Did the Resurrection Happen?

One of the great issues - perhaps THE great issue - facing Protestant Christianity today is the loss of a coherent and unifying authority in some quarters of the church.  While Roman Catholicism has long since vested authority in the Magisterium of the church (that is, the popes and bishops), Protestantism was born precisely by an appeal to authority of the Bible (rightly interpreted) over and against fallible human authorities (like individual popes).

The challenges to maintaining the traditional Protestant appeal to Biblical authority (and even being clear on what that does and does not mean) are several and complex, and I'll not go into them all here.  One issue from early on has been agreeing on how to properly interpret the Bible even once we have agreed that it's teachings are the word of God and are therefore authoritative.  So even the first generation of Protestants - all pointing to Biblical authority - had some disagreements about the nature of the sacraments.  

In more recent generations (sometimes) well-meaning scholars have qualified and redefined and circumvented Biblical authority to such an extent that - for those under the sway of such scholarship, including many seminary-trained clergy - the Bible in practice no longer functions as a moral or theological authority to which we must submit our ideas and our lives.  This is why we now have arguments simmering in the various historic Protestant churches about not only sexual morality (that is merely the loudest argument, and not actually the most important), but also about the nature of humanity, sin, and salvation, and the uniqueness of Christian revelation, and of Christ as the only Savior.

Against this backdrop it is no surprise that some insightful scholars have given renewed attention to authority and how it functions - under the guidance of God the Holy Spirit - within the life of the church.

I am completely convinced - with Scholars like Tom Oden, Billy Abraham, and others - that God did not simply give us a Biblical revelation and then leave us "on our own" to figure it out (though a great many seem to operate as if that were the case).  A simple reading of the promises of Christ in the discourses of John 13-17 or of the whole Book of Acts clearly demonstrates that the Holy Spirit is the guide and teacher of the Church on earth.  The Holy Spirit helps the community to clarify confusing issues and to discern God's will.  This the Spirit has been doing for some 2,000 years now, and we need only pay attention to what "the Spirit has been saying to the churches" to gain clarity on how to interpret Scripture and understand what God is revealing to us.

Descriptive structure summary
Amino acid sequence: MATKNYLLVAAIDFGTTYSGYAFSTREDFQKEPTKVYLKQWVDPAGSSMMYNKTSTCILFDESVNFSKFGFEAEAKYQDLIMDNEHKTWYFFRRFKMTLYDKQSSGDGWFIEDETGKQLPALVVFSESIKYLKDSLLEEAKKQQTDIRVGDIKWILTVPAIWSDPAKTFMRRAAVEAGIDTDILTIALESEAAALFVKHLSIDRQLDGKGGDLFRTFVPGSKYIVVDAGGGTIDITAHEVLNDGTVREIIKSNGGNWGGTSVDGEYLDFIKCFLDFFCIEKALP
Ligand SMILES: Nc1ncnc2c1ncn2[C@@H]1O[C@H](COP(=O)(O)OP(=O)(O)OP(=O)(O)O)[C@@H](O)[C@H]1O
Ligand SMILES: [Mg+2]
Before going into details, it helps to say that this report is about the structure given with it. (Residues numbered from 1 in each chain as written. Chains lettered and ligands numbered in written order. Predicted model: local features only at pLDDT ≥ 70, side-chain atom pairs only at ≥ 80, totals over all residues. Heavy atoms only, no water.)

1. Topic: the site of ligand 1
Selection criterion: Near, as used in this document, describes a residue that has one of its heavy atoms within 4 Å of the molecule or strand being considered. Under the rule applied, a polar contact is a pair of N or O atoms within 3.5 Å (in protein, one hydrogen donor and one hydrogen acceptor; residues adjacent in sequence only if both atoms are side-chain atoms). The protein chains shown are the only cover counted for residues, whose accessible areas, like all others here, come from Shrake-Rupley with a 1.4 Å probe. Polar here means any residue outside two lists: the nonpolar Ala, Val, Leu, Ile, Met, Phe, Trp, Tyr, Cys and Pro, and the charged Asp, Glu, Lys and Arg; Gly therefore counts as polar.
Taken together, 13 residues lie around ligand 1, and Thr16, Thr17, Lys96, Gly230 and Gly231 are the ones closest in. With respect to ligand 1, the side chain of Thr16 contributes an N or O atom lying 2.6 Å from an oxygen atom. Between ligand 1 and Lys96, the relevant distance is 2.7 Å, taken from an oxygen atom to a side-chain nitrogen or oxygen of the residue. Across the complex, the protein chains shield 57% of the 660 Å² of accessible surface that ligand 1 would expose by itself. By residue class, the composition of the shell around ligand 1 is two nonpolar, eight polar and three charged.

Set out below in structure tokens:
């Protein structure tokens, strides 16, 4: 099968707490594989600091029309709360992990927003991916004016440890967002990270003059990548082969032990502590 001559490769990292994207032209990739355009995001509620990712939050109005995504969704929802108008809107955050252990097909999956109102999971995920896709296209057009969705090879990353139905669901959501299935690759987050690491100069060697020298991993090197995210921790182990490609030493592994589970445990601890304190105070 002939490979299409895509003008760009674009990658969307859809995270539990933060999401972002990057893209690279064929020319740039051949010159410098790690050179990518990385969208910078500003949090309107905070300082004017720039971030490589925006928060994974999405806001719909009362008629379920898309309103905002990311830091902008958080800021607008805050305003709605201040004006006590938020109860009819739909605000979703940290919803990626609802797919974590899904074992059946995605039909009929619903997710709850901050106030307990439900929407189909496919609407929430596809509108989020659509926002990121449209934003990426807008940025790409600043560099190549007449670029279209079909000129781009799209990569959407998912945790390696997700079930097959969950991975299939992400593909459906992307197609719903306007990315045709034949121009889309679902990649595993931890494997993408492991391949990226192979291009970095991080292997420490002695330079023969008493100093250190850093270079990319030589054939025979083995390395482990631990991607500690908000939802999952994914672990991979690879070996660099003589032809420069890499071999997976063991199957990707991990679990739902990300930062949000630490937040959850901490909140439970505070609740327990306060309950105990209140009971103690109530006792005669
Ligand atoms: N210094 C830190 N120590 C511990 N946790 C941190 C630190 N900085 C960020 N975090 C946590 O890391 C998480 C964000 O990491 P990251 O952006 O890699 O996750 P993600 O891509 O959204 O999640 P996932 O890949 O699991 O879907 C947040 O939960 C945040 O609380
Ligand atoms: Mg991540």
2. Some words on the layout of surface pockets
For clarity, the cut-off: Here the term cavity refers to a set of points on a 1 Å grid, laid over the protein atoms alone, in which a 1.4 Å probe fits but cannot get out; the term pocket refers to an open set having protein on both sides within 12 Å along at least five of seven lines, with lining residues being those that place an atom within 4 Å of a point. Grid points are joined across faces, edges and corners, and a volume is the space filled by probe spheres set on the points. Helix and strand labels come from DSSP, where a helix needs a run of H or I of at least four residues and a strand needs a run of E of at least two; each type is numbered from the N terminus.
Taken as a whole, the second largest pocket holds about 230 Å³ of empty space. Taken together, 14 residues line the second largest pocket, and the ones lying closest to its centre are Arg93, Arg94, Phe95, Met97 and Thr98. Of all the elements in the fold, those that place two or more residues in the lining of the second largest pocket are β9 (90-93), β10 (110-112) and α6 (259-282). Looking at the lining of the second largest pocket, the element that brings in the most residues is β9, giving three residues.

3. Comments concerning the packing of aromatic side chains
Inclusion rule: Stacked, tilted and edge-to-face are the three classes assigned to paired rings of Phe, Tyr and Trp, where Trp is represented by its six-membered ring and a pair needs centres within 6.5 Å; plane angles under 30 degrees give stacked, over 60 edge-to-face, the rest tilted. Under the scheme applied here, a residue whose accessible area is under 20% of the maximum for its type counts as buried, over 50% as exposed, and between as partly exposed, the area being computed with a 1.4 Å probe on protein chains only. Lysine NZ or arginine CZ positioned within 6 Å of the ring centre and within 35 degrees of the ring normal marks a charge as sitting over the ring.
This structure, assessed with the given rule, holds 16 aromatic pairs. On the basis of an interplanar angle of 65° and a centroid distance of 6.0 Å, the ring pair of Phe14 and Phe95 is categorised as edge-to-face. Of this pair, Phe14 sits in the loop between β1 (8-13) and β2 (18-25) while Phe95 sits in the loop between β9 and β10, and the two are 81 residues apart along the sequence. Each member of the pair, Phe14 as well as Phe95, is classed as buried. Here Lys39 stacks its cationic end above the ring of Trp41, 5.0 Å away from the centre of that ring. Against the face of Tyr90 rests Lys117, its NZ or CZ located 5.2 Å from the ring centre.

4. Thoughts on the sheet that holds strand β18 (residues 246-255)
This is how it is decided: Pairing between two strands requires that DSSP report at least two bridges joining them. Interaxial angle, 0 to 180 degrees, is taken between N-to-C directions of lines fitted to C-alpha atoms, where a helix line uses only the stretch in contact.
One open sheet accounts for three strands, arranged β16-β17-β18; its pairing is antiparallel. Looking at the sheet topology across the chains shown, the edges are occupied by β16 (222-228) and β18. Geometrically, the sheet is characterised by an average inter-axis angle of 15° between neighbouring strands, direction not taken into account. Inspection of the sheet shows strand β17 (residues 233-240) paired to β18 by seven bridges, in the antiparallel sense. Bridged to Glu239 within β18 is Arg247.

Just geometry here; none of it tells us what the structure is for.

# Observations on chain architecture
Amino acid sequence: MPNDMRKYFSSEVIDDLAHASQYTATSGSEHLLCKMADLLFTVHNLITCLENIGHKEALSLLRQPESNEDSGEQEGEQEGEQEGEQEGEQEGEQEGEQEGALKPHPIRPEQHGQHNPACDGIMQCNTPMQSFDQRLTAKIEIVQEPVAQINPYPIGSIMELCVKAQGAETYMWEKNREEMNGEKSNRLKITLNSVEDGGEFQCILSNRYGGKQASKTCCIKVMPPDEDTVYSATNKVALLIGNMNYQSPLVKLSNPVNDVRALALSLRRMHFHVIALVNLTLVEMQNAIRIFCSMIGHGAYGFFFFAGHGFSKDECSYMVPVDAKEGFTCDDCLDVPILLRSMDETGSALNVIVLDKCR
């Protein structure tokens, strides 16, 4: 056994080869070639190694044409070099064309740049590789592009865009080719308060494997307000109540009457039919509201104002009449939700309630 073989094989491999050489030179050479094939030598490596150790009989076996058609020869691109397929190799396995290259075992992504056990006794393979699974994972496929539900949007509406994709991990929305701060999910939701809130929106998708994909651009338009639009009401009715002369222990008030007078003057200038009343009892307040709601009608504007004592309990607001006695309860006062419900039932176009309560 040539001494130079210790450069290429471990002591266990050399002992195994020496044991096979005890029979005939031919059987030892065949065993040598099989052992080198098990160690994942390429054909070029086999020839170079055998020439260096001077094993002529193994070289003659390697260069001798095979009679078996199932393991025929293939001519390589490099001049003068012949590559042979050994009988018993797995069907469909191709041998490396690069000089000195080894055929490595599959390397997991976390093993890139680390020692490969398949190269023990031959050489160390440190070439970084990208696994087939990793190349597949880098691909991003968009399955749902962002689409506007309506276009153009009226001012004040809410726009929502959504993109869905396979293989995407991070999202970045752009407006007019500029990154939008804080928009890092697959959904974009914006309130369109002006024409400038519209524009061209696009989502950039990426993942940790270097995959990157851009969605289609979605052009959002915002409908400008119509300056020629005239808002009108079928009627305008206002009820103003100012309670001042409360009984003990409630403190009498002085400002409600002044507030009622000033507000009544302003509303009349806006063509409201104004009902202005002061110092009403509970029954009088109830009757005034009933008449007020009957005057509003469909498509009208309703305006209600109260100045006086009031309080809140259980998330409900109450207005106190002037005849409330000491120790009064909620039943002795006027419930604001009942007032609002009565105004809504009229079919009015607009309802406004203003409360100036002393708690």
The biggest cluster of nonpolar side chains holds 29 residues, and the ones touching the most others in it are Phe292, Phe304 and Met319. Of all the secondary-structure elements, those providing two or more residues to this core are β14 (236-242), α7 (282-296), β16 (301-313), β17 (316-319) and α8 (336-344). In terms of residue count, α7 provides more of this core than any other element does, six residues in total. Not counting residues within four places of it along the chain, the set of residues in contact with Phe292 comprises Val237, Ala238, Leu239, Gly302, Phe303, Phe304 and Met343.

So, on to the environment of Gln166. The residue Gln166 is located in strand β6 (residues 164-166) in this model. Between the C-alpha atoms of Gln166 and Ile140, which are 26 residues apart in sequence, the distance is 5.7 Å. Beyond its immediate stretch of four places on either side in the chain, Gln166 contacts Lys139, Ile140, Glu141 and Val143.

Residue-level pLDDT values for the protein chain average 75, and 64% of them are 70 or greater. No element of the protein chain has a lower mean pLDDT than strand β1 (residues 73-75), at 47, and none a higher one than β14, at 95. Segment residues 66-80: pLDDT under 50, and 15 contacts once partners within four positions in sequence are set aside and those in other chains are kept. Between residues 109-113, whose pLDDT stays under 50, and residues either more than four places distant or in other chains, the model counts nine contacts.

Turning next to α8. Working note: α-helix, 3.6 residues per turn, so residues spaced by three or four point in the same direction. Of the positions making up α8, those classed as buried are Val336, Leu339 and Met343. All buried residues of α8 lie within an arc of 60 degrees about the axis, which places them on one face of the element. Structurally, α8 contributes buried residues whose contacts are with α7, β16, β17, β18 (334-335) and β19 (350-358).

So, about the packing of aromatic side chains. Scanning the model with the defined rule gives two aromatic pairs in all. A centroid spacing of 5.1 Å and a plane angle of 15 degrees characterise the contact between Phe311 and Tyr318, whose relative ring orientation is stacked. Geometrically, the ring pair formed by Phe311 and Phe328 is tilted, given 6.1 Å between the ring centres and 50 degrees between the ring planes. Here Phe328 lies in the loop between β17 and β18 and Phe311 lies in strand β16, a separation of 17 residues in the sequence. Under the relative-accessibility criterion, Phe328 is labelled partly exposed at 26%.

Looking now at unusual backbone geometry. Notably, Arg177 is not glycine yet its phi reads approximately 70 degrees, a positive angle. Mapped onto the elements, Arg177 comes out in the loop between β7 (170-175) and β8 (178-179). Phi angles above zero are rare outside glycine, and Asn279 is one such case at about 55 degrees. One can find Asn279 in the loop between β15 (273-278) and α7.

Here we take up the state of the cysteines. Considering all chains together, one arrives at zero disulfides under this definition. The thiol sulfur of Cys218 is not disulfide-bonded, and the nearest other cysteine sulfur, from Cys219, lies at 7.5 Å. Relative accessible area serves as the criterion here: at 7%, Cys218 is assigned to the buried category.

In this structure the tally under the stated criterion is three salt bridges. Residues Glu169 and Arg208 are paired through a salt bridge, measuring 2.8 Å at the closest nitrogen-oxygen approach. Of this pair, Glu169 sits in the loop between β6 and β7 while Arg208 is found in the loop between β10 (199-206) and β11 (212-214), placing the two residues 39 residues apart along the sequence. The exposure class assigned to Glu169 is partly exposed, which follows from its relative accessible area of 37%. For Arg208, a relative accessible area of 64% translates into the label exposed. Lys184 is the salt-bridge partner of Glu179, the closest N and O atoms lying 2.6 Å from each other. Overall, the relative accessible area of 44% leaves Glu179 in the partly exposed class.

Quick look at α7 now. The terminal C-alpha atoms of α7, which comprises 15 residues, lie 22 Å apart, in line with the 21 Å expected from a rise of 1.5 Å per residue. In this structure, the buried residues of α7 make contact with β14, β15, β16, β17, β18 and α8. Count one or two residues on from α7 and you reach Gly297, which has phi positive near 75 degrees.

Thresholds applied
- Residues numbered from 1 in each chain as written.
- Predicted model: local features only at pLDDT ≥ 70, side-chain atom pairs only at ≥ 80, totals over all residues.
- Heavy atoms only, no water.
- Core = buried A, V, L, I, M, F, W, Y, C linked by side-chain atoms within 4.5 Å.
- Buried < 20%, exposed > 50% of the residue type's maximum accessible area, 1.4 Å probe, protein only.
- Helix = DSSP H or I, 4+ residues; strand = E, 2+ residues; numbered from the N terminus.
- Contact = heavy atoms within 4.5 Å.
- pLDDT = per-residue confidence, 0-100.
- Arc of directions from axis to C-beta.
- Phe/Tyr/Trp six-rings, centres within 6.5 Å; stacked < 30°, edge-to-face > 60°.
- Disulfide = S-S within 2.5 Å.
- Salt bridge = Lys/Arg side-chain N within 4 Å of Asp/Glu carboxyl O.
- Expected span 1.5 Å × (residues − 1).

Tom Oden wrote of a "rebirth of orthodoxy" - a return by contemporary Christians to a posture of humble listening to what the Spirit has been teaching the great saints and martyrs down through the ages.  Orthodoxy is that Spirit-led consensus across the church and across the ages on great matters of faith.  In my own United Methodist Church (as in the Anglican tradition in which Methodism first arose) the orthodox faith is enshrined and held forth in our established liturgy, our classic hymnody, our officially established standards of doctrine - such as the Articles of Religion and the Confession of Faith - and in our way of ordering the church, modified from the ancient model of a holy people led by bishops, presbyters and deacons, under the Lordship of Christ and guidance of the Holy Spirit to the glory of God the Father.

These official doctrinal statements are examples of that Spirit-led orthodoxy that has been held in common across the churches and across the centuries precisely because they simply restate and elaborate upon the ancient ecumenical creeds and theological formulations, as well the major teachings of the Reformers (many of which have become accepted by Roman Catholicism as well in the last century).

I firmly believe that the only way to heal the wounds and disunity that now plagues Christianity - and historic Protestantism especially - is to recommit ourselves to Christian orthodoxy as a gift from the Holy Spirit.  So you can see why I am especially excited about the emergence of several movements among United Methodists today, such as the "Seedbed" video series and the new blog "United Methodist Scholars for Christian Orthodoxy."

'UM Scholars for Christian Orthodoxy' (now linked on my sidebar) has a number of good articles exploring the basic doctrinal commitments of The United Methodist Church and of the universal (catholic) Church more generally.  A recent post: "Did the Resurrection Happen" is a great example of the kind of clarity amid confusion that the Spirit can give to us when we are willing to accept what he has been teaching down through the ages.  While some in the church have endeavored to "redefine" the astonishing claims of our faith so that these claims can "make sense to the (post)modern man," this post draws upon the historical understanding of the Spirit-led church to quickly and logically demonstrate why these "redefinitions" are inconsistent with the Gospels and why the "(post)modern man" should be able to find the Resurrection both plausible and enticing.

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